In an exclusive London restaurant, a gift is given that will change Julia Lovat's life. The antique book of Jacobean embroidery delights her, but when she settles down to read it more closely, she unexpectedly discovers within its foxed and faded pages; the extraordinary diary of a young Cornish girl, calling to her from across the centuries. The stories of these two women are destined to converge in an extraordinary and haunting manner.~ from the blurb.
Also enjoyed this one. It surprised me with the complexity of plot and I enjoyed the element of exotica that emerges through the events of the story.
Didn't manage to read so much in February. We spent a lot of time repainting our room so not so much opportunity to read.
Tuesday, March 24, 2009
Andrea is rubbing her hands over something! Not sure what it is but you may like to investigate.
I think it might involve Creme Eggs and scrapbooking goodies.
In other news...
Watch this space for
- Reading Round Ups
- Friendship tag post
Wednesday, March 18, 2009
Monday, March 16, 2009
Excuse the black frame+husband's watermark on the photos. I uploaded them without noticing he'd turned on some settings. *sigh* I can assure you they are my photos! Can't be bothered redoing them.
There has been a lot of jam making in our house. So far I've made 46 jars. Some of which I'll be sending to Jenny as soon as I find a suitable box! Others I've sold at work.
Also managed to do another layout (don't fall off your chair) using my strawberry paper and Stampin' Up strawberry stamp.
We've finished the painting of our room and the curtains are up. :) Very pleased with the end result thought we did encounter some problems. We discovered the enamel tint was too different from the wall paint although they were allegedly the same colour. So we had a choice buying another 4litre tin of the correct colour and redoing the 3 walls, or painting the outside of the wardrobes in the wall paint (inside with the enamel). I'm afraid we chose the cheaper lazier option. I had bought the paint in 2007 so it would have been no point returning it and asking for a refund etc. This photo is of the feature wall.
Monday, March 09, 2009
With her face right up close to mine while I'm resting with my eyes closed she says in a big loud voice:
"Mummy seeping!" not anymore baby, not anymore..
Em, those little figurines from William's party now live in the dolls house, and get taken to bed on occasion which resulted in:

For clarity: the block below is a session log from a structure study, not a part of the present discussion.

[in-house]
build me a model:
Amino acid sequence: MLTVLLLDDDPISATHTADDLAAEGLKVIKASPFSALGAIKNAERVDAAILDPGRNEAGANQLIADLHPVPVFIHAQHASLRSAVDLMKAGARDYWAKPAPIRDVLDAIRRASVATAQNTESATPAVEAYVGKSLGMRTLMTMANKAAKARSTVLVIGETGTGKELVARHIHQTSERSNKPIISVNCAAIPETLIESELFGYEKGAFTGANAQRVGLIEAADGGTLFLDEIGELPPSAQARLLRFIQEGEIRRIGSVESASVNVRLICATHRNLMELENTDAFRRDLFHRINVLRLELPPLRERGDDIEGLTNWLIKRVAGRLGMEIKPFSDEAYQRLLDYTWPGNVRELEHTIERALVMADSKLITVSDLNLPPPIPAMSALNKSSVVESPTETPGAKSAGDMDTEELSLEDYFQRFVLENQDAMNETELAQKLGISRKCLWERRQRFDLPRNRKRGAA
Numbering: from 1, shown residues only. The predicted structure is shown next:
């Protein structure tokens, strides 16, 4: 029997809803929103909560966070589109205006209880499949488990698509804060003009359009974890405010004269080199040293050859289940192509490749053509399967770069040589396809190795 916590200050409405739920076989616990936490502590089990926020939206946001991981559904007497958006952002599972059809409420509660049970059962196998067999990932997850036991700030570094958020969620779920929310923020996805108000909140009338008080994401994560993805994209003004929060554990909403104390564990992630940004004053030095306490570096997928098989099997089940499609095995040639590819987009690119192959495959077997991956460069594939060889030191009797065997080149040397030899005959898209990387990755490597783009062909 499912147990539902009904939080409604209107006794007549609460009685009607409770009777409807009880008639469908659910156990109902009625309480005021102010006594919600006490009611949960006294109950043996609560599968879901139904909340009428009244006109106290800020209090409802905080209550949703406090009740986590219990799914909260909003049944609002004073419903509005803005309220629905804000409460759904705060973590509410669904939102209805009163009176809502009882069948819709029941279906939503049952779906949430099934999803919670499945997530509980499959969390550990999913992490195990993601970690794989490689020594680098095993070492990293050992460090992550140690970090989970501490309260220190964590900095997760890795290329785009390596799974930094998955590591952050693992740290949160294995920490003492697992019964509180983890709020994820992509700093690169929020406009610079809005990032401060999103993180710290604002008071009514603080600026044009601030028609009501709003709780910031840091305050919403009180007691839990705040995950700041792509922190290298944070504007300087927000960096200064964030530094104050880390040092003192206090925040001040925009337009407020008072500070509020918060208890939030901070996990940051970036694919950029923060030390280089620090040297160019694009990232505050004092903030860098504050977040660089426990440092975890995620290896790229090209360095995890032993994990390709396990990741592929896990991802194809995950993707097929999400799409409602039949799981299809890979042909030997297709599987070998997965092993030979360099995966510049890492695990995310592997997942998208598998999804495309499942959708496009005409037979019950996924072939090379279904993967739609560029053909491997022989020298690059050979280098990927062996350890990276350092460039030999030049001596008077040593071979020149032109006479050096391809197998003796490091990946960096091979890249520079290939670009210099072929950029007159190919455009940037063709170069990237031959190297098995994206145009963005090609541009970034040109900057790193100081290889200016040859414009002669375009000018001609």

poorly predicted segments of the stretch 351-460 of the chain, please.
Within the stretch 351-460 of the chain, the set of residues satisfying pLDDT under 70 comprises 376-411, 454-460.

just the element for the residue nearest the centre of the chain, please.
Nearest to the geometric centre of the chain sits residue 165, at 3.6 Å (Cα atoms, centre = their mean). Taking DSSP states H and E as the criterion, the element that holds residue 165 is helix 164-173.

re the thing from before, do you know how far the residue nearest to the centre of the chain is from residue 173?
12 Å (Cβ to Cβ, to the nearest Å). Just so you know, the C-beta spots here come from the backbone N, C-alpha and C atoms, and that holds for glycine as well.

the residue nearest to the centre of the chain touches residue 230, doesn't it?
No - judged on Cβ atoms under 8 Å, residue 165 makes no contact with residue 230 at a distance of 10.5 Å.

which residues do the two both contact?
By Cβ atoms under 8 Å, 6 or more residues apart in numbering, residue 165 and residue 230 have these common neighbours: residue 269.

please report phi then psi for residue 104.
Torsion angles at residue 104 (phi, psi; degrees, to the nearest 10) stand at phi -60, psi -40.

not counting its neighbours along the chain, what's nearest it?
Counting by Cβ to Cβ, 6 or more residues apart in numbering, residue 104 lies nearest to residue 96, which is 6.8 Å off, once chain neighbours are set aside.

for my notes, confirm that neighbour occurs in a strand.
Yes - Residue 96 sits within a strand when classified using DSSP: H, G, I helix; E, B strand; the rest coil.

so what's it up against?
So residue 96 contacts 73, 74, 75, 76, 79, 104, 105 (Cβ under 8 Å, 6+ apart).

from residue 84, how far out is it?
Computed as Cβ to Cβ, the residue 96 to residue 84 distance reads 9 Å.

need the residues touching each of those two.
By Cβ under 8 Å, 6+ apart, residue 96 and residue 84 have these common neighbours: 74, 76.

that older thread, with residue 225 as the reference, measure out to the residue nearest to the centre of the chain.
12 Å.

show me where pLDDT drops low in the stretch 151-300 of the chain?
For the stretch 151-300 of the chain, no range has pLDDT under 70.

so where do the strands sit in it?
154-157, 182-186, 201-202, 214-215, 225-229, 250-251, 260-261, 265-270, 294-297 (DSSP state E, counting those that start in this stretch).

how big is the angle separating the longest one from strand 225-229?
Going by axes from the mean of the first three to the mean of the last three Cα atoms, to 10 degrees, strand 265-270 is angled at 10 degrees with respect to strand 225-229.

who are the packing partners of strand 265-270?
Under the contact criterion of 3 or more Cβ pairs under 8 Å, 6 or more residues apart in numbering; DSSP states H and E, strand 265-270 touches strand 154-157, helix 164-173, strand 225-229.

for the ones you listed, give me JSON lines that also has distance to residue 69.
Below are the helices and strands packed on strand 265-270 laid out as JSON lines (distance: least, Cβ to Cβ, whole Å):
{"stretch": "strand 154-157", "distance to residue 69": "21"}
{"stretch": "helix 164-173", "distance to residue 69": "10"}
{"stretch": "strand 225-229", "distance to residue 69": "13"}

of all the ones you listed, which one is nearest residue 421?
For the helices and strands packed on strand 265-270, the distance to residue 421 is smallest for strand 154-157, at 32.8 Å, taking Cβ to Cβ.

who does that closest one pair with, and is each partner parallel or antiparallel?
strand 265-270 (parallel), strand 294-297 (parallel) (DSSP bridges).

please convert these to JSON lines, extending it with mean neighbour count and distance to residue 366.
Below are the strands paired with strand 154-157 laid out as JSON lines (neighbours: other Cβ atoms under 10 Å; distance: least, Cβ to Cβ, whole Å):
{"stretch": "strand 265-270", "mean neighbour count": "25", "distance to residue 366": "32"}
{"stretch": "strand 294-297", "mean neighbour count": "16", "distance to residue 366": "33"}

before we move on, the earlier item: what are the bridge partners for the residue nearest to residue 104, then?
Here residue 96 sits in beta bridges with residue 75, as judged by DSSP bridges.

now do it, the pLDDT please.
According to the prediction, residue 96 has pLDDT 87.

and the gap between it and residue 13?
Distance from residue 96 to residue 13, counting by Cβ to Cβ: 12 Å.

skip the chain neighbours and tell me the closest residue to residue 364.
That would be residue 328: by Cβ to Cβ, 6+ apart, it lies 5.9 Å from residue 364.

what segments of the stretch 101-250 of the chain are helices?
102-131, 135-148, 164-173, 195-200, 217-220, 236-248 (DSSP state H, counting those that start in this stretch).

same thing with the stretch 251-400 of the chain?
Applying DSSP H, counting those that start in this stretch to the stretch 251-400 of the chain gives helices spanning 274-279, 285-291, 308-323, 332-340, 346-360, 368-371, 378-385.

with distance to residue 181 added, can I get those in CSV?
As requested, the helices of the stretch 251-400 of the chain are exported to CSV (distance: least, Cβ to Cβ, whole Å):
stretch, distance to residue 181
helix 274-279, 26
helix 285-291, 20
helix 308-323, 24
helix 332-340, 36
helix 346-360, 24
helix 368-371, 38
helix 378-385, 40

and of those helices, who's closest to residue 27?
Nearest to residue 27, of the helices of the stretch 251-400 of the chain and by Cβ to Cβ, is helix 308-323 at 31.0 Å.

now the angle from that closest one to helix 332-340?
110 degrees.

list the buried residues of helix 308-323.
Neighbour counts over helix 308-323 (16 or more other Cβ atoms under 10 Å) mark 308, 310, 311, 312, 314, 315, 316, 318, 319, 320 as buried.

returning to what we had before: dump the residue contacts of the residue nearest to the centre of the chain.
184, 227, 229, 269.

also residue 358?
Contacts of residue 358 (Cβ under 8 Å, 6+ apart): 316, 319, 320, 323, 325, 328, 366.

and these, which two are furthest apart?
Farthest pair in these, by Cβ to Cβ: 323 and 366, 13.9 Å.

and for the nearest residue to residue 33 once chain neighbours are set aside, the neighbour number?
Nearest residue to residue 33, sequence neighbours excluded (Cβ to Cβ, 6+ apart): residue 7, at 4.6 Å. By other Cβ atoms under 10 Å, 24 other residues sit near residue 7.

"Bob anna Wenny in bed!" (Bob and Wendy in bed!)
DH in the background: Naughty Bob!
DH had some music on:
"I yike mooscit" (I like music)
She knows most of the names of her little playmates at daycare.
and also her teachers
It's funny to listen to the two kids play together. DD bosses her around a bit and controls the "game" but she certainly can make her opinions felt. The other day she annoyed DD, so he said to her, "I'm going to cross you off my list!"
I hope I'm still on his list. ;-)
Now to something completely different.
I subscribe to a blog called Popgadget, a blog about tech for women. Actually they have more stuff than that, but I digress. Anyhow, the poster pointed me to Pattern Pulp, a blog about... you guessed it ... patterns, by a New York designer. Fun!
She pointed me to a Stripe Generator site where you can make your own stripey patterns.
And it links to a Tartan making site where you can make your own tartan and unleash your inner Scott. Och aye!
Thursday, March 05, 2009
"So did you get a sausage today?"
Me: So you gave the money to Miss B___?
Me: Well how come you were allowed a sausage then?
DS: You can't have a sausage unless you have an 'S' on your hand.
Me: *giggles* Right... so Nan gave Miss B___ the money then?
DS: No, she gave it to the office. *found out later this wasn't true, she did give it to the teacher*
Me: And the office ladies wrote an 'S' on your hand?
DS: No, the office ladies don't know how to write 'S'
Slandered! Those poor office ladies ;-) So if you know how to write an S on your hand you can have a sausage. Just thought that little tip might be helpful.
Monday, March 02, 2009
V.J. Day Times Square
Originally uploaded by Balakov.
You've got to love these lego recreations of classic photos.
This one is V.J. Day Times Square. The set can be seen here.